2. A unit test method should be decorated with the [Test] attribute.
  3. The test constructs the class it is going to test, interacts with it (calls the TakeDamage method) and asserts (verifies) the expected results afterwards using NUnit’s Assert class.

*For more information on using NUnit, see the links section at the bottom of the article (Unit Testing Succinctly shows the usage of the NUnit API).

Unit Test Runner


After adding unit tests, we can run them using the unit test runner.

The included unit test runner is opened from the toolbar menu:

Attached Image: UnitTestRunnerMenu.png

It is a basic runner that allows executing a single test, all tests in the project or all previously failed tests. There are other more advanced options, such as setting it to run automatically on code compilation. The test runner window displays all the tests in your project by organizing them under the class in which they were defined and can also display exception or log messages from their execution.

Attached Image: UnitTestRunner.png

The runner can also be invoked from code, making it possible to run all tests from the command line.

Unity.exe -projectPath PATH_TO_YOUR_PROJECT -batchmode -quit -executeMethod UnityTest.Batch.RunUnitTests -resultFilePath=C:\temp\results.xml

*The resultFilePath parameter is optional: It is used for specifying the path for storing the generated report of running all tests.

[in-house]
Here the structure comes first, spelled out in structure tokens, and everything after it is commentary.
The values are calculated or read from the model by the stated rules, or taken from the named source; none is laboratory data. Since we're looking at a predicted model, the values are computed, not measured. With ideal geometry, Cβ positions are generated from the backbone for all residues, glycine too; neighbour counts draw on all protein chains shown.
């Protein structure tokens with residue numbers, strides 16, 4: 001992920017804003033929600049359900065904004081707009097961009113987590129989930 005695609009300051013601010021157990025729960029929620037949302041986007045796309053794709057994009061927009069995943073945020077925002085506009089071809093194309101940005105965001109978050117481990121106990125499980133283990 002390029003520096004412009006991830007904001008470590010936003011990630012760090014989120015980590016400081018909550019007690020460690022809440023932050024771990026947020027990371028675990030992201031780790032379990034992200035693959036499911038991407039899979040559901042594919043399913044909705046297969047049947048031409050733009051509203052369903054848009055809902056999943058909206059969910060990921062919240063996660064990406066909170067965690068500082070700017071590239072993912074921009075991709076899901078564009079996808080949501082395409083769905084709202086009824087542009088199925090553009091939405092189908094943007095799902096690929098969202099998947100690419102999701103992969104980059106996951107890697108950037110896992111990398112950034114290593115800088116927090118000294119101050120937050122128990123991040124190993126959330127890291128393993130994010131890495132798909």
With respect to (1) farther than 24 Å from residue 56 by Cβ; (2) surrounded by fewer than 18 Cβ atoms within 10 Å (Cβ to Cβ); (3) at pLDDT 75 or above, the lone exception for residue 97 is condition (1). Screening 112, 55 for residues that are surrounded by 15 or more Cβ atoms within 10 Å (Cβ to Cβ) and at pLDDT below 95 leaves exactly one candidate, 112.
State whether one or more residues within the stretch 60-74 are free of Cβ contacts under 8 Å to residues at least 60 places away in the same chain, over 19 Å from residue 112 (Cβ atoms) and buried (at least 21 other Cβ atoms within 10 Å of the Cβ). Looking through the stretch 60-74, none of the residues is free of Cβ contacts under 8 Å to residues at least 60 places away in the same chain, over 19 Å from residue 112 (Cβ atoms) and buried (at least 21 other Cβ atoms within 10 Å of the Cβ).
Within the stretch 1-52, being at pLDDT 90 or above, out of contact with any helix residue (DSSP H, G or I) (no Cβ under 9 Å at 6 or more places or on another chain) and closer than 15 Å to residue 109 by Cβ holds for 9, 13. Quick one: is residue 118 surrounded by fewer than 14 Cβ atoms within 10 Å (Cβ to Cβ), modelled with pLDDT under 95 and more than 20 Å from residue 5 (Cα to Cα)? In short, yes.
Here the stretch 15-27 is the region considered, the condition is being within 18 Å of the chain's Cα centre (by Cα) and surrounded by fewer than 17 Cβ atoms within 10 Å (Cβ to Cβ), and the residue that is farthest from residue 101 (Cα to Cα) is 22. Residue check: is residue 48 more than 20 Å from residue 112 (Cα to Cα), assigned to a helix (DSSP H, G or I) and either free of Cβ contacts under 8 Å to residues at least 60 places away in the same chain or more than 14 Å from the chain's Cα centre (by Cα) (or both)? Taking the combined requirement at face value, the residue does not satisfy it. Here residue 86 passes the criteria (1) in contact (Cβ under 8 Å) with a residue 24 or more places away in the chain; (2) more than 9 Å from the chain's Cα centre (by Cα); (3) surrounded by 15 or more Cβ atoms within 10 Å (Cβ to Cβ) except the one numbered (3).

Integration Tests


Sometimes, unit tests are just too low-level. It is often desired to test multiple components, objects and the interaction between them. The package contains an Integration testing framework that allows creating and executing tests using real game objects and components in separate “test” scenes.

Writing Integration Tests


Integration tests, unlike unit tests, are not written in code. Instead, a new scene should be added to the project. This scene will contain test objects, each of which defines a single integration test.

Step by Step


Create a new scene used for testing (it can be helpful to have a naming convention for these scenes, so it’s easier to remove them later on when building the game).

Open the Integration Test Runner (from the toolbar menu).

Attached Image: IntegrationTestRunnerToolbar.png

A new integration test is added using the + sign. When adding a test, a Test Runner object is also automatically added to the scene.

Attached Image: IntegrationTestRunner1.png

Pressing + adds a new test object to the scene hierarchy. Under this test object, all game objects that are needed for the integration test are added.

For example – a Sphere object was added under the new test:

Attached Image: IntegrationTestHierarchy.png

The CallTesting script is added to this sphere:

Attached Image: CallTesting.png

Execution Flow